South Carolina Car Accident Lawyer

An automobile accident could cause severe damages and injuries to all involved. The party responsible for the crash could be held liable and required to pay the injured party compensation for damages. To go after the full measure of compensation you need after a serious auto accident, you need the help of a dedicated legal professional.

If you or a loved one were injured in a motor vehicle collision, a South Carolina car accident lawyer could thoroughly investigate your case and assert a claim for compensation on your behalf. Call to speak with a knowledgeable personal injury attorney and request your no-obligation case review.

The South Carolina Car Accident Statutory Deadline

A statutory deadline or statute of limitations is the state law that establishes a strict limit on a plaintiff’s right to bring a lawsuit to court. South Carolina Code of Laws § 15-3-530 outlines the statutory deadline for any type of case that could stem from a car crash. Under this law, whether the case involves an auto accident injury or a wrongful death caused by the collision, the plaintiff has three years to ask the state courts for a civil remedy.

For property damage and injury claims, the three-year statutory clock begins to run on the date of the accident. Should someone try to file a car accident lawsuit after the statutory deadline has run its course, the court could dismiss the case and refuse to hear it unless some rare exception applies. Fortunately, a car accident lawyer in South Carolina could help file a claim promptly.

Recovering Compensation for Damages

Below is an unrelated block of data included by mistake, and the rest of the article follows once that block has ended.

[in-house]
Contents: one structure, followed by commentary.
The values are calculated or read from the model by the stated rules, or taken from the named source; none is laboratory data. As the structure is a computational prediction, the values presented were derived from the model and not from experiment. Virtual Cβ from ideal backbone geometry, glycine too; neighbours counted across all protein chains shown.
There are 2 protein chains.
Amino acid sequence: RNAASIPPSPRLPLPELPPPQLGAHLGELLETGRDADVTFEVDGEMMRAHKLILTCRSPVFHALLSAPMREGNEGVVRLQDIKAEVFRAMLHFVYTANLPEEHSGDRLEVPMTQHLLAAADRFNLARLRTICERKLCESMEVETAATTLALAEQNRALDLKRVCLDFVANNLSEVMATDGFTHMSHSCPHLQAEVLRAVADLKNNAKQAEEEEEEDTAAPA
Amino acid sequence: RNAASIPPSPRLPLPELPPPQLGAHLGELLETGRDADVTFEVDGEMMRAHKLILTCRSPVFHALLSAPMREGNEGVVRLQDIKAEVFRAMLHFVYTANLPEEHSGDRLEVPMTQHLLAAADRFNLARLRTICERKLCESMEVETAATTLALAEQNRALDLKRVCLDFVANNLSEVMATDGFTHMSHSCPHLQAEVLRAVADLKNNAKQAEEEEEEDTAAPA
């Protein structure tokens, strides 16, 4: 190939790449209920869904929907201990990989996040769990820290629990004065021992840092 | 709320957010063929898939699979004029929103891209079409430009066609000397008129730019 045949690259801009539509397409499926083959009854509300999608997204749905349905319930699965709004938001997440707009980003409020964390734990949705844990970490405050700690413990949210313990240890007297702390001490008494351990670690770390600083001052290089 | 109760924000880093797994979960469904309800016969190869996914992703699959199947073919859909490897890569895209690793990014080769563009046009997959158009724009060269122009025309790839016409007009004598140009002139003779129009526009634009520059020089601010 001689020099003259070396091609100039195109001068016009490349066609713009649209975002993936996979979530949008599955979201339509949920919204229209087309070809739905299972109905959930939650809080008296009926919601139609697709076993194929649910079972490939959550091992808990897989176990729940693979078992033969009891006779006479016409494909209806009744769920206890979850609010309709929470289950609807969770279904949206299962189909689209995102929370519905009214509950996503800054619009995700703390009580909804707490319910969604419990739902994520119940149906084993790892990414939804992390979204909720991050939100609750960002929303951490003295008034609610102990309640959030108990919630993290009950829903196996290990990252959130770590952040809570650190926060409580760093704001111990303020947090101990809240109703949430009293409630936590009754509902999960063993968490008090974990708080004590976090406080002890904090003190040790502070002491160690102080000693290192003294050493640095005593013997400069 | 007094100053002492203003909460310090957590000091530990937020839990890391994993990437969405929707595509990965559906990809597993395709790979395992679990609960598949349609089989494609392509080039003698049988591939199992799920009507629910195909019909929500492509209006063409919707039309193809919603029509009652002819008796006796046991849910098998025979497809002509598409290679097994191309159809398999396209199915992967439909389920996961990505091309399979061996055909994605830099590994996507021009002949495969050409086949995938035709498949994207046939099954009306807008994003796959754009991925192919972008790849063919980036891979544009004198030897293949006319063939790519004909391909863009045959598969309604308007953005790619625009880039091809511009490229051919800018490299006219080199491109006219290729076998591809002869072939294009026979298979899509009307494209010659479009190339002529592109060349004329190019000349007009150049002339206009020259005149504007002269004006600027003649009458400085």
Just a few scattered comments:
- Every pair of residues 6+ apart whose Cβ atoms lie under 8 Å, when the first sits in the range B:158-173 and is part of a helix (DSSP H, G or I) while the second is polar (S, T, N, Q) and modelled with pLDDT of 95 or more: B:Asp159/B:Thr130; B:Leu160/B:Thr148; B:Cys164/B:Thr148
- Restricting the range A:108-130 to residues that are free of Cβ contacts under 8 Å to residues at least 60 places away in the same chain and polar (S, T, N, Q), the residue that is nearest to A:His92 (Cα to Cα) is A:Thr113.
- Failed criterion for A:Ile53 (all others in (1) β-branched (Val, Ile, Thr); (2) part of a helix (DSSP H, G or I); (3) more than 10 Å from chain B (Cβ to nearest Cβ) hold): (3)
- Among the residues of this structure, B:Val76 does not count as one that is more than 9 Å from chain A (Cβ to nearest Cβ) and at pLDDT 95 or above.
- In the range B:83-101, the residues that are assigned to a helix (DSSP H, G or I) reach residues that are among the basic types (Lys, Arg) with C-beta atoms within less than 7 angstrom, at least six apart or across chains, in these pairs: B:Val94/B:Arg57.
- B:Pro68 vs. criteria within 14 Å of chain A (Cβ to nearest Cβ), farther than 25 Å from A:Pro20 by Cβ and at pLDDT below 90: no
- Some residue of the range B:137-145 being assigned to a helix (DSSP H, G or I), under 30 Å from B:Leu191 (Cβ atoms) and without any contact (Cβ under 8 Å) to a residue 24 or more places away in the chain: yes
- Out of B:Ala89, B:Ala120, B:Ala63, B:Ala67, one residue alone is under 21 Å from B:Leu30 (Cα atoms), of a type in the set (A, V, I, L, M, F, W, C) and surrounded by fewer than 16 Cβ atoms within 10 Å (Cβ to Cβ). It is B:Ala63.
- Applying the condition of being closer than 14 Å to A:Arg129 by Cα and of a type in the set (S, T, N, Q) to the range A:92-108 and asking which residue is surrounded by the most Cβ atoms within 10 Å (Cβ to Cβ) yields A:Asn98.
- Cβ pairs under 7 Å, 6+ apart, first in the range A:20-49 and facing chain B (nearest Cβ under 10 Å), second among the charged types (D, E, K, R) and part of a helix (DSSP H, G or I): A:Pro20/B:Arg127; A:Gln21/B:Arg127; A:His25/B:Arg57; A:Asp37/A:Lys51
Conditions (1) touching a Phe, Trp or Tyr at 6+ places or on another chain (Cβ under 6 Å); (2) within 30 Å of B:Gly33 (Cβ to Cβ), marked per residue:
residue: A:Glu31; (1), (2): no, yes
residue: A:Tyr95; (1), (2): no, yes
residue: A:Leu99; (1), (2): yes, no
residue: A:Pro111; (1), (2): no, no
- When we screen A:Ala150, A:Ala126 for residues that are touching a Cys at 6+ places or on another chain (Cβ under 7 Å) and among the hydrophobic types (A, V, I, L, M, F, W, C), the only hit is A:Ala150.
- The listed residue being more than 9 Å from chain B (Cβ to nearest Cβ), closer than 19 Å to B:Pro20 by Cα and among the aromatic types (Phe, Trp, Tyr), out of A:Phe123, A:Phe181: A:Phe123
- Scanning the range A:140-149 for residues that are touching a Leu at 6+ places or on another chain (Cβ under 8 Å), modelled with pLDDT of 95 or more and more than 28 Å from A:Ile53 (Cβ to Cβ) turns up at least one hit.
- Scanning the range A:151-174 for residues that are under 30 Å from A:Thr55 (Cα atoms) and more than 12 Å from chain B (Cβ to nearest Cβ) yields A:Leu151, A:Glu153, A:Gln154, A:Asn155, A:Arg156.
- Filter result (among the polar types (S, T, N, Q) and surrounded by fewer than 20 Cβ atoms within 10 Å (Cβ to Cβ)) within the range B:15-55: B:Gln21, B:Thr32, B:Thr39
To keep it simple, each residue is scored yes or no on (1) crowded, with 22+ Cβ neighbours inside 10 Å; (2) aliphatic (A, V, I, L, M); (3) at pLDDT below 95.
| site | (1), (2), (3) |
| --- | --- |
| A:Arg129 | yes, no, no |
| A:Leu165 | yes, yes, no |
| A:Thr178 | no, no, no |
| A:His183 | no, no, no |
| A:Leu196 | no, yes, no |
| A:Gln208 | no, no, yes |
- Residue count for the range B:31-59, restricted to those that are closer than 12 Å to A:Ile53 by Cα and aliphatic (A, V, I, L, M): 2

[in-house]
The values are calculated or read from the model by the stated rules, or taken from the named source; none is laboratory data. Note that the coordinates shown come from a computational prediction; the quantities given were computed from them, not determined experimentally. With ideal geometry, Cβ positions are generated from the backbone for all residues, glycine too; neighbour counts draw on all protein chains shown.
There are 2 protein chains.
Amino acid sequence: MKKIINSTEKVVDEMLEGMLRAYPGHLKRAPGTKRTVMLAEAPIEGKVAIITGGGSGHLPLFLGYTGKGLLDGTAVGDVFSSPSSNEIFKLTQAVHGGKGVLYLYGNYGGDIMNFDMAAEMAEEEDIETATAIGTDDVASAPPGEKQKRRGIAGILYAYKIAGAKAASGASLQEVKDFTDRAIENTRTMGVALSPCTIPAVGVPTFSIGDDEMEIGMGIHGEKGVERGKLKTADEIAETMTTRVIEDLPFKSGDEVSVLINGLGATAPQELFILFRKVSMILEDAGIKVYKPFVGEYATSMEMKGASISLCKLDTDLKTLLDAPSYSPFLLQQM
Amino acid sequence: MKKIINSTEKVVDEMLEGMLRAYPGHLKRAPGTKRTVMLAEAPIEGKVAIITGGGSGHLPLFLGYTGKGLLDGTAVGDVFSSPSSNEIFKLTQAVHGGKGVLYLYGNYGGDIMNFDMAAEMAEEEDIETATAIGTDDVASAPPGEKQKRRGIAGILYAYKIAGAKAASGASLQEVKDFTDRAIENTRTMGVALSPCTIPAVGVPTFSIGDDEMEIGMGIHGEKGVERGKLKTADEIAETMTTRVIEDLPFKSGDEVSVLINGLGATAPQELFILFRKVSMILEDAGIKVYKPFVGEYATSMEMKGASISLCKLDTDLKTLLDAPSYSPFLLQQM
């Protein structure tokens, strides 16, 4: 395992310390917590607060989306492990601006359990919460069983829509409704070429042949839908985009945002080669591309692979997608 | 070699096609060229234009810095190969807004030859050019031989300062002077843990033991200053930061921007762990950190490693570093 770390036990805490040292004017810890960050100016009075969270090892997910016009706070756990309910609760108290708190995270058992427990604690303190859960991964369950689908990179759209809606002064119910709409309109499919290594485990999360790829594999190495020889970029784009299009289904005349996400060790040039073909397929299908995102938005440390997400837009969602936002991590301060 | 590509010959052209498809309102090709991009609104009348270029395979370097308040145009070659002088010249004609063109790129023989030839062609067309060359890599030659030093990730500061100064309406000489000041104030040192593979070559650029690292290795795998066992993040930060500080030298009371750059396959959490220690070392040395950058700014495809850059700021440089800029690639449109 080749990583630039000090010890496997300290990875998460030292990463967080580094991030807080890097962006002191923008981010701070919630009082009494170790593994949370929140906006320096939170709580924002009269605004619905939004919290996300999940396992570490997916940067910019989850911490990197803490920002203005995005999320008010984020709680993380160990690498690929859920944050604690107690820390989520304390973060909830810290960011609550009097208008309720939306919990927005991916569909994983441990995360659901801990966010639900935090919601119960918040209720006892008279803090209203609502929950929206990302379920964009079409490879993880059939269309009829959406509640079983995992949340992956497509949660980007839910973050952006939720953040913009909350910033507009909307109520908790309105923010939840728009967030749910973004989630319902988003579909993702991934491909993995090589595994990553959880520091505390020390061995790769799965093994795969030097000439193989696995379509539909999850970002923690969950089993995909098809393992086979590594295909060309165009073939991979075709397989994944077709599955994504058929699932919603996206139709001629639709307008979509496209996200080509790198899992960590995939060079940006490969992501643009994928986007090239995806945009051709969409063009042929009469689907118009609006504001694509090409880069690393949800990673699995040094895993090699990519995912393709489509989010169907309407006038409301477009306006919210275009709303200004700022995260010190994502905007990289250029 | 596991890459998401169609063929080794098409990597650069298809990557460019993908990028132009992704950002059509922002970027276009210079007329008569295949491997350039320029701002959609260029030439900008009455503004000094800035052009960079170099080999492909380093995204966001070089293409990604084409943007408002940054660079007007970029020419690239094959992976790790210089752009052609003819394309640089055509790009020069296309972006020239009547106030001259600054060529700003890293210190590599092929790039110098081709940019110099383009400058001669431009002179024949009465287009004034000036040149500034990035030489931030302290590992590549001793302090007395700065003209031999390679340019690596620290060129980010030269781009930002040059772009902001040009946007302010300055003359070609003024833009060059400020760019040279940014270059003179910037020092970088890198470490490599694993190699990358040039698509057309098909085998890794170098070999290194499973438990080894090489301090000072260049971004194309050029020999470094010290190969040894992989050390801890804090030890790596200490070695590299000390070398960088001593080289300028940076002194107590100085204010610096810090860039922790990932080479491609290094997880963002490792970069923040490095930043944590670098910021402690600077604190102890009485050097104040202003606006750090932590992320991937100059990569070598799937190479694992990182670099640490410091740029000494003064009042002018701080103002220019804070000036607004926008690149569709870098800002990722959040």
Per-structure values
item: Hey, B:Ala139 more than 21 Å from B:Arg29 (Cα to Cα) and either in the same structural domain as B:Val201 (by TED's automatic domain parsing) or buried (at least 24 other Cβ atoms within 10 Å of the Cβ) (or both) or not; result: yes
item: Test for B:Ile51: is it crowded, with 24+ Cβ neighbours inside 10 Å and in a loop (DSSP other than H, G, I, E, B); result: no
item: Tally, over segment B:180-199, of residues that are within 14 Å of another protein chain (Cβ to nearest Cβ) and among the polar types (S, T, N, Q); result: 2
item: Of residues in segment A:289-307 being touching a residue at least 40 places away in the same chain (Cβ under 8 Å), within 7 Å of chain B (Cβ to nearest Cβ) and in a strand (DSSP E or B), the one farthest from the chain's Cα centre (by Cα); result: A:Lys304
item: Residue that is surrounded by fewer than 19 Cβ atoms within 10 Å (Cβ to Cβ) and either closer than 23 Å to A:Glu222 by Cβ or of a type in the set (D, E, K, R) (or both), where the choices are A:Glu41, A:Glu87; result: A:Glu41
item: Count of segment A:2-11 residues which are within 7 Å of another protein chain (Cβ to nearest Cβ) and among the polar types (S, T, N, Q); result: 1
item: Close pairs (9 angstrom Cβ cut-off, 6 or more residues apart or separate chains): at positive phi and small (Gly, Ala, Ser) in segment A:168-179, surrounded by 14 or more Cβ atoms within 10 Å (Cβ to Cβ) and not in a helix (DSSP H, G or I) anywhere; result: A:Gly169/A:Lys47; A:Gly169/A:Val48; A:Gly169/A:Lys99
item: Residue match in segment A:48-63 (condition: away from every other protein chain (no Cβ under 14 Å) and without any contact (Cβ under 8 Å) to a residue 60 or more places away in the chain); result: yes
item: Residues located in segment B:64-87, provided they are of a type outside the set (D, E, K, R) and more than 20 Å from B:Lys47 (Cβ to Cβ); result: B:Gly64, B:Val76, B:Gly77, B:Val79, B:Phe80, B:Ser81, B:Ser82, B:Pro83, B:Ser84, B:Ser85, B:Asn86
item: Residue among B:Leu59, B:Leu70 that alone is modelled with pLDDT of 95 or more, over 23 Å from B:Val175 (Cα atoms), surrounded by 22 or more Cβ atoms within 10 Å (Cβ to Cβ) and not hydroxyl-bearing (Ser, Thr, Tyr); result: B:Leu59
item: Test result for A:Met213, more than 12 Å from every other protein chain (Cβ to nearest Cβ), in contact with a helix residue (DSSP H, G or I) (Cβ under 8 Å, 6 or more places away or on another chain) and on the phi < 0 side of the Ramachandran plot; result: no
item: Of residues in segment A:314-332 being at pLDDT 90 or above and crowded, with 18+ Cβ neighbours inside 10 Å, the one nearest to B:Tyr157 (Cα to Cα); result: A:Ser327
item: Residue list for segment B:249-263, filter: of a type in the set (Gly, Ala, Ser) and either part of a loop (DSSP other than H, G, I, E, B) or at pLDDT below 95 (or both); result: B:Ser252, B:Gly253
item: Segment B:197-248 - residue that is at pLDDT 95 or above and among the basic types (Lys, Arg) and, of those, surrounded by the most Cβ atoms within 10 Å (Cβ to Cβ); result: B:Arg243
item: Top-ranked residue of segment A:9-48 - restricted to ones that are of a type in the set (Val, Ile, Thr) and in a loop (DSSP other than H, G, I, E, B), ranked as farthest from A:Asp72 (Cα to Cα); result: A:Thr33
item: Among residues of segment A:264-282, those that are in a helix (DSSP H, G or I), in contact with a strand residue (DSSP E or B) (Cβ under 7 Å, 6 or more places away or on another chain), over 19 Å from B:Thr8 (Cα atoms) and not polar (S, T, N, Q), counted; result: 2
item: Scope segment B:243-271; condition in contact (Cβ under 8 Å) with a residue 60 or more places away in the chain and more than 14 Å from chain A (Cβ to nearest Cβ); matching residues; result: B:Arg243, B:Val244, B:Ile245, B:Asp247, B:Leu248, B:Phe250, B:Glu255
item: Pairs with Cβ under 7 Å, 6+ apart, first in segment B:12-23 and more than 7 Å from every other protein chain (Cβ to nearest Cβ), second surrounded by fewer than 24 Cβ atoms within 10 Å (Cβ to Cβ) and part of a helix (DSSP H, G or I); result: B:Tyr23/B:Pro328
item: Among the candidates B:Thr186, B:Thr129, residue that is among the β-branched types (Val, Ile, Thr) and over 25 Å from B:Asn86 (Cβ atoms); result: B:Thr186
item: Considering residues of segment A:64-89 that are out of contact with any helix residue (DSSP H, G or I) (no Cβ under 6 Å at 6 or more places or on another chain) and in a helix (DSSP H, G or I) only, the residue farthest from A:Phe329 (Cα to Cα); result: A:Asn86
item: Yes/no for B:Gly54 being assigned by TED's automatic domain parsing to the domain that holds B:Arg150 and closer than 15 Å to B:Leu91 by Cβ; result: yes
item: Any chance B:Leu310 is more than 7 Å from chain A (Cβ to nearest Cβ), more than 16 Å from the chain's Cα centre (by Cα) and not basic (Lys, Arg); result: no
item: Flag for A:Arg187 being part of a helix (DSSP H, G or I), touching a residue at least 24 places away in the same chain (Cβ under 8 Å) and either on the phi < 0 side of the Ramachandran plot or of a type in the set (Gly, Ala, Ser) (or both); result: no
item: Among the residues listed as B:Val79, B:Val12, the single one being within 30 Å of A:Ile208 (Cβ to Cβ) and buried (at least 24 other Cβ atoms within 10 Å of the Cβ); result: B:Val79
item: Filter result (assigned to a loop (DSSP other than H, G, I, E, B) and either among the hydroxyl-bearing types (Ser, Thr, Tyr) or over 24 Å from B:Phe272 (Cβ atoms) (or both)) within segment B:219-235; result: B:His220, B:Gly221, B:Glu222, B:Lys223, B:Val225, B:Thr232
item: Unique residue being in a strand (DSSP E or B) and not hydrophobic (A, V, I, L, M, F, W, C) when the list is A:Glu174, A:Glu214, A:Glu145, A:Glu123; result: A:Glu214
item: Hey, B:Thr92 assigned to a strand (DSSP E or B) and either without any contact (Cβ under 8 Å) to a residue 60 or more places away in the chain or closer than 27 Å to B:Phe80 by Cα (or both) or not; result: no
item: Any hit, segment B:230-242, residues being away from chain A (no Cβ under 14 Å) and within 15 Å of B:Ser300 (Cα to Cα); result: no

A seasoned attorney could help the plaintiff to recover a broad range of damages for their losses, including economic and non-economic losses.

Economic damages include lost wages, medical bills, rehabilitation expenses, and other easy calculable losses, while non-economic damages include losses such as pain and suffering and mental anguish.

If the actions of the defendant were especially egregious or grossly negligent, the court could also award punitive damages to the plaintiff to punish the defendant for their behavior and serve as a deterrent against future misconduct.

Comparative Negligence Rule

In cases where the jury, upon hearing all the evidence presented by a South Carolina car crash attorney on behalf of the injured party, determine that the plaintiff was partly to blame for their damages, the modified comparative negligence rule would apply. Under this rule, an injured individual could still recover financial damages in an auto accident lawsuit even if they are partially liable, but their monetary award would be reduced in accordance with their share of negligence, provided that share was not greater than the defendant’s. If the plaintiff’s level of fault exceeds that of the at-fault party or parties, they would be barred from recovering any money damages.

Reporting a Car Crash in South Carolina

S.C. Code Ann. § 56-5-1270 requires the driver or owner of a motor vehicle involved in a collision that has not been investigated yet by law enforcement to complete and submit a Traffic Collision Report form to the South Carolina Department of Motor Vehicles. This is applicable in cases where the accident caused bodily injury or death or total property damage of $1,000 or more.

Get Help from a South Carolina Car Accident Attorney

If you have been hurt in a car accident, you could be able to obtain compensation for your injuries and other losses if you can show that the other party was at fault. Call today to schedule your case evaluation and find out how a South Carolina car accident lawyer could help you.